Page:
Government moves to evict residents

The NSW Government is moving to evict the remaining residents of Sirius and Millers Point and tie up sales of its properties. Robert Mowbray from the Tenants Union provides the following update…

The NSW Government’s cannibalisation of public housing in Millers Point continues. As at 11 July 2017, there have been 151 sales, some of multiple properties. Altogether the sale of 200 properties at Millers Point has raised $422.77 million (with a further $22.09 million being generated in Stamp Duty!). The median sale price is $2.30 million and sales range between $1.44 million and $12.30 million, with the top price being a block of 12 one-bedroom apartments covering 7 properties sold in one line.

And by May 2017, elsewhere a total of 528 units have been completed and 278 units are currently under construction as a result of this revenue. You can read about this on Family and Community Services’s dedicated website here. In a recent media release the Minister for Social Housing, Pru Goward, boasts about the 500th unit: ‘This is a great day and a very important milestone. These sales are helping the NSW Government provide vital housing for some of our most vulnerable people across the state.’

At the beginning of the process 579 tenant and household members (in 399 tenancies) were to be relocated. By the end of May 2017, only 24 tenant and household members (in 16 tenancies) remained. Today the number is fewer.

But recent articles on the Tenants’ Union of NSW blog called The Brown Couch refer to the human cost of evicting a whole suburb to fund new public housing. These articles update what has been happening in Millers Point. They also refer to the work of Professor Alan Morris of the University of Technology Sydney who has documented the experiences of residents in a report called ‘A contemporary forced urban removal: The displacement of public housing residents from Millers Point, Dawes Point and the Sirius Building by the New South Wales Government’. He followed up this report with journal articles analysing the process. Professor Morris concluded that, in the case of Millers Point and the Sirius Building, a focus primarily on the revenue that the sale of public housing stock will generate has resulted in enormous suffering. Yes, this program is driven by a neo-liberalism agenda and a mind-set that leads to ‘administrative evil’ where the the human cost of getting things done has little or no weight: ‘… when instrumental rationality is dominant in policy-making, then little or no attention is paid to the human cost, so long as the policy is viewed as effective.’ It leads to the ‘financialisation of housing’ where housing is no longer viewed as a home but as an asset … The supreme irony is that, we see a State Government in New South Wales which now is boasting massive surpluses, but nevertheless sees the relocation of all social housing tenants in Millers Point as the only way of funding social housing!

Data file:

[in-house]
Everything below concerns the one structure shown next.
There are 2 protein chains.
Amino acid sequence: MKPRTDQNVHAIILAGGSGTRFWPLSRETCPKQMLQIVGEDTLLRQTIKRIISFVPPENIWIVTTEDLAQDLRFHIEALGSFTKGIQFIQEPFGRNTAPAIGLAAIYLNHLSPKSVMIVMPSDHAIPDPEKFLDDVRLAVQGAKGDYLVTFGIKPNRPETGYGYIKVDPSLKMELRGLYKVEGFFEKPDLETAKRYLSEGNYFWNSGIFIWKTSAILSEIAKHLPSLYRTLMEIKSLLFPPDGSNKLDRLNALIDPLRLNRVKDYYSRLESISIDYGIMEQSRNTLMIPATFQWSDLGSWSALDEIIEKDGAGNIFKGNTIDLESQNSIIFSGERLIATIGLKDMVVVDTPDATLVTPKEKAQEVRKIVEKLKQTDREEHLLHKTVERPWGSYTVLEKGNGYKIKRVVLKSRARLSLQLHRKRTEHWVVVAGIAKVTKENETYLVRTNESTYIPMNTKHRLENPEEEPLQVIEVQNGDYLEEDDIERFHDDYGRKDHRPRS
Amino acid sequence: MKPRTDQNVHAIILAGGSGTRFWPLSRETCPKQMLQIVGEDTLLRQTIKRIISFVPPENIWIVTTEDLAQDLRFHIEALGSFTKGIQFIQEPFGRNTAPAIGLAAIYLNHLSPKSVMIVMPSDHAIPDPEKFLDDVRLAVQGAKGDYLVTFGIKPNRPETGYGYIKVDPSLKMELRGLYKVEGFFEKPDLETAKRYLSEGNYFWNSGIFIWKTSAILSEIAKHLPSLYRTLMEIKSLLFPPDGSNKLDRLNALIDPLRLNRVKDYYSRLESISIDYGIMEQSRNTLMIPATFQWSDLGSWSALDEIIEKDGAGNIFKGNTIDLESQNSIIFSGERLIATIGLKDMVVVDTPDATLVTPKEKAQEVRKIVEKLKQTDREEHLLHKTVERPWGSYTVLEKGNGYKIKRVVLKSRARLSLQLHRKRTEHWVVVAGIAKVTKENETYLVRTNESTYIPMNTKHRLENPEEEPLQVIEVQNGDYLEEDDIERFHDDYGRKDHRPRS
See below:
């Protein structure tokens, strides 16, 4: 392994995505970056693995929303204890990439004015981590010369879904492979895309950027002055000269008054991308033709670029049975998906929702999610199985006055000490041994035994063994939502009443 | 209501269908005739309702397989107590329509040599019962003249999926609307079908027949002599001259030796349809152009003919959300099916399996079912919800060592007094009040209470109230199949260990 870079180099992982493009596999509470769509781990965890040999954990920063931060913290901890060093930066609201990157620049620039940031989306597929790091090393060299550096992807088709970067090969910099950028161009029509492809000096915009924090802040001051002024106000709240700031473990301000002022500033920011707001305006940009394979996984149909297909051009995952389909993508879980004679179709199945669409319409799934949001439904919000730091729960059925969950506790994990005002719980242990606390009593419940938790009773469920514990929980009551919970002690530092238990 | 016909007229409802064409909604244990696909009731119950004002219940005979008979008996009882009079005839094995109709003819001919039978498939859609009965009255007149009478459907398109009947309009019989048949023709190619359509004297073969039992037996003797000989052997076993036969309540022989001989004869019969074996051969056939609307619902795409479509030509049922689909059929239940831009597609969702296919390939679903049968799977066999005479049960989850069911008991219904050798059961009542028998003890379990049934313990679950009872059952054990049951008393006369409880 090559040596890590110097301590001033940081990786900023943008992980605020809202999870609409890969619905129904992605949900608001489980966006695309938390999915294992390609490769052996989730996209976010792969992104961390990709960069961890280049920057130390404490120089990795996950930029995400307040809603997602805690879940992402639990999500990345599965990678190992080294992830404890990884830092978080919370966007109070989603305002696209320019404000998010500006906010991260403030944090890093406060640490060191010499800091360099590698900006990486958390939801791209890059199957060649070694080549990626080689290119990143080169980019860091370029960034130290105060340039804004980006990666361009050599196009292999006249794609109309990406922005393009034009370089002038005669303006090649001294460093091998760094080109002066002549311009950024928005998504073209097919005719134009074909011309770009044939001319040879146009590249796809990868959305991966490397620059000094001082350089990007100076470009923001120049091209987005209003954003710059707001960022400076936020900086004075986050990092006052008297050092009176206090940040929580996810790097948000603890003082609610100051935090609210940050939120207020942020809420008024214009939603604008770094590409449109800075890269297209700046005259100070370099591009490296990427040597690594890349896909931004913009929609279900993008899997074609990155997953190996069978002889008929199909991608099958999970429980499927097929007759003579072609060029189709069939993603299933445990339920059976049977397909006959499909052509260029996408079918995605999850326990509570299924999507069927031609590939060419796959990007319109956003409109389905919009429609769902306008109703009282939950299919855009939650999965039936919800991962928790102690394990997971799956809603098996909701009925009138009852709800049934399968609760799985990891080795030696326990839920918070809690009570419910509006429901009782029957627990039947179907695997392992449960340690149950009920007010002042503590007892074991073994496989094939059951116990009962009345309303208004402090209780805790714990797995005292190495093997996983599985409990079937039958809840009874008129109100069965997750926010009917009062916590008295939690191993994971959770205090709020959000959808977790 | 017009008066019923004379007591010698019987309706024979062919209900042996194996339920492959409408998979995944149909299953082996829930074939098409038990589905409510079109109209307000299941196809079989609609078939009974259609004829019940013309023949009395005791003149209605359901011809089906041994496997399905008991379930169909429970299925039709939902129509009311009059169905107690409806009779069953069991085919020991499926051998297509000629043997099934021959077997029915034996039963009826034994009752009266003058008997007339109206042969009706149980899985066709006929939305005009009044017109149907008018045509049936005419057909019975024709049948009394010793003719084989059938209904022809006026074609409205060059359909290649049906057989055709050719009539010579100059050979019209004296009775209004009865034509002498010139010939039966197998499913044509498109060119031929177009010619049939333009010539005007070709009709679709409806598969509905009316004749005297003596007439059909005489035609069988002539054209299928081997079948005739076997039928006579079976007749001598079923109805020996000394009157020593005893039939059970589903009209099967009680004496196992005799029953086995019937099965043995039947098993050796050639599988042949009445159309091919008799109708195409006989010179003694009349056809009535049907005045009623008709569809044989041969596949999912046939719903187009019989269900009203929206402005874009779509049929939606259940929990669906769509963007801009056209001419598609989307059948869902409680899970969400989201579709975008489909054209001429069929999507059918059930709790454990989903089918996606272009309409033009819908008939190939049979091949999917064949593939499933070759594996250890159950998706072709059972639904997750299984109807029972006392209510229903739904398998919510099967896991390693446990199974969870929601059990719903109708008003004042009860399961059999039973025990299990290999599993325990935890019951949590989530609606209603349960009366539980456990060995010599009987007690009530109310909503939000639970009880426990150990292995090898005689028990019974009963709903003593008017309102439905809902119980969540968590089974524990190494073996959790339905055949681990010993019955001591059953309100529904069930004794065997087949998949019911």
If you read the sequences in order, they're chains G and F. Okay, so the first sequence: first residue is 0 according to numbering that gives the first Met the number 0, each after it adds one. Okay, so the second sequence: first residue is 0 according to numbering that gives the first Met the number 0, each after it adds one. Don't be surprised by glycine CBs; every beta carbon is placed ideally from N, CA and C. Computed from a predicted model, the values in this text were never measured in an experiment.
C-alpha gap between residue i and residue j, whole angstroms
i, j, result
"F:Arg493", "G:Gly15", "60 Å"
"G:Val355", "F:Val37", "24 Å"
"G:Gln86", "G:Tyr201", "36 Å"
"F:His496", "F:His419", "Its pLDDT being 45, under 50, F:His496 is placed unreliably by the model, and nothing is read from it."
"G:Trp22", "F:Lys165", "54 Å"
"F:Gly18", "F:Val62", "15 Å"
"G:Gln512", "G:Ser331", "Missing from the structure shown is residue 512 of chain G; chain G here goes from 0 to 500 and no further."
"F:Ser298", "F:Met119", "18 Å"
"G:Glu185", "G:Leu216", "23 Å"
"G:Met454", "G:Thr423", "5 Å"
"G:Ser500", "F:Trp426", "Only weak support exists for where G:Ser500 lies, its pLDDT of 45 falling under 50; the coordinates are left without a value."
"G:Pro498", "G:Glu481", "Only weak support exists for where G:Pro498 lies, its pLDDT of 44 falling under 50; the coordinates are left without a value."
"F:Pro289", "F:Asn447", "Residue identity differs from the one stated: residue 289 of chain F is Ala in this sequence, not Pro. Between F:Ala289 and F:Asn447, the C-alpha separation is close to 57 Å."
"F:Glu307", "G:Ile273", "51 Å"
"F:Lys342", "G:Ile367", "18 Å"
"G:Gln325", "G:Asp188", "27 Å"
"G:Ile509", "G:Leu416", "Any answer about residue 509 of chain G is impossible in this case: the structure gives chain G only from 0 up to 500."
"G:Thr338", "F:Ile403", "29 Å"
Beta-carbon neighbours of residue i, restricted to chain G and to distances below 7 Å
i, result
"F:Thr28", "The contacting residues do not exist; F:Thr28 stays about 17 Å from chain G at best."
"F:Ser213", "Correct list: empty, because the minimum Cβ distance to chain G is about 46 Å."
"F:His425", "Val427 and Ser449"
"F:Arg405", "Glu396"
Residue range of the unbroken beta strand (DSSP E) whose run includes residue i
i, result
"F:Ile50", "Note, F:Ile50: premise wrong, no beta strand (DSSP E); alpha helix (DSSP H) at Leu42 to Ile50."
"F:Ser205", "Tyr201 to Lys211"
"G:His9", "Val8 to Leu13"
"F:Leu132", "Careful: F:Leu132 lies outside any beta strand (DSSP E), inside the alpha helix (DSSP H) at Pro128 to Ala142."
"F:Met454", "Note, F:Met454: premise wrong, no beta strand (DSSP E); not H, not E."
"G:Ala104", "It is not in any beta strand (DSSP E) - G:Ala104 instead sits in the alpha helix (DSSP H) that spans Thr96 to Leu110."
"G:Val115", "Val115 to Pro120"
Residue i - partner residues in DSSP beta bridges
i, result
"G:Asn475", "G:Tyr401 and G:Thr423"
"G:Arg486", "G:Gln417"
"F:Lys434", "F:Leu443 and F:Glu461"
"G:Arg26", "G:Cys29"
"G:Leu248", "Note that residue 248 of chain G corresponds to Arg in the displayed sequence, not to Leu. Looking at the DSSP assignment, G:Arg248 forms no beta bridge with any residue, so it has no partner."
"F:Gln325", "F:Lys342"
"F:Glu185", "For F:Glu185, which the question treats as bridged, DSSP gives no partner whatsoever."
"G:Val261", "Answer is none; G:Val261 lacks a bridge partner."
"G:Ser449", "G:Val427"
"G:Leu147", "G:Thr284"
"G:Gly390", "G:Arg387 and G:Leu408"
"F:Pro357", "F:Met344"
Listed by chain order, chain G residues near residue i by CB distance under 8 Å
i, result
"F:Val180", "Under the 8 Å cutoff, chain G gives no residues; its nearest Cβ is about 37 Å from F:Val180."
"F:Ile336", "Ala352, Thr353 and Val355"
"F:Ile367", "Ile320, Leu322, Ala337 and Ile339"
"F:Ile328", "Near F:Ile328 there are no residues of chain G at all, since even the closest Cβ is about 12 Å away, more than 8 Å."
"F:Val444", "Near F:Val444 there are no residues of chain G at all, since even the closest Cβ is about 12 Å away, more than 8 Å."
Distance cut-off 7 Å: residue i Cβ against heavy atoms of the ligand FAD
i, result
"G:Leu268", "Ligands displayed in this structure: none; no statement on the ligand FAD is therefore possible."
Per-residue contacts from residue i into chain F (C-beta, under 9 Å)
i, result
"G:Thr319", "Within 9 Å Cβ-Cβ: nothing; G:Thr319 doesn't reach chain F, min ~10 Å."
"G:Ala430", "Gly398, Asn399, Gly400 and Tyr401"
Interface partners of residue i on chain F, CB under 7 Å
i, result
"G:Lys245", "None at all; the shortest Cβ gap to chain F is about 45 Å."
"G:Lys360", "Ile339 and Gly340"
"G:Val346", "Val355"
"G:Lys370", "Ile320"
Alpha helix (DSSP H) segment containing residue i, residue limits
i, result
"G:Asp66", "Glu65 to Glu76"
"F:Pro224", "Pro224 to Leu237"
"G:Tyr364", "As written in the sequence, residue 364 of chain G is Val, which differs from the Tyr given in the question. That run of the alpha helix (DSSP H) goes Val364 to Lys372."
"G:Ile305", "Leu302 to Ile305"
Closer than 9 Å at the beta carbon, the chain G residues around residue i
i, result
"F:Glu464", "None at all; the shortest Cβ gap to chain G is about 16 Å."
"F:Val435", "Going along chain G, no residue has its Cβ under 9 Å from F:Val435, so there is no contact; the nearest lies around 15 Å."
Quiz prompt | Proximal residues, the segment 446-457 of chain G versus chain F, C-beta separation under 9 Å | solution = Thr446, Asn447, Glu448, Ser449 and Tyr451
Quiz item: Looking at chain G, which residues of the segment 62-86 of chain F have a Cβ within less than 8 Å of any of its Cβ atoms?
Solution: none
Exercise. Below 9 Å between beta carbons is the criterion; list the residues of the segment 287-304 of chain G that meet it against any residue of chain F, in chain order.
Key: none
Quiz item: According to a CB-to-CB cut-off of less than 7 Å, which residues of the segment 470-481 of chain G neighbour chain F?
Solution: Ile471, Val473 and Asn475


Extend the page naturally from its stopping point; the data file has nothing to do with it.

Indeed, there is a link between the Grenfell Tower fire tragedy and what is happening in public housing across first world countries. Joseph Downing writes in the Conversation (15 June 2017):

‘Yet as the ashes settle, it is clear that the threat of ruin extends well beyond Grenfell Tower. Indeed, the policies which I argue have contributed to this disaster have been rolled out across social housing projects both in the UK, and across Europe. Earlier this year, not far from Grenfell, local residents in Westminster voted against any form of refit to their notoriously poorly-maintained Brunel Estate. And many residents across London fear the prospect of “urban regeneration”, seeing it as a type of social cleansing, shorthand for a modern form of slum clearance.’ (Read the full article here.)

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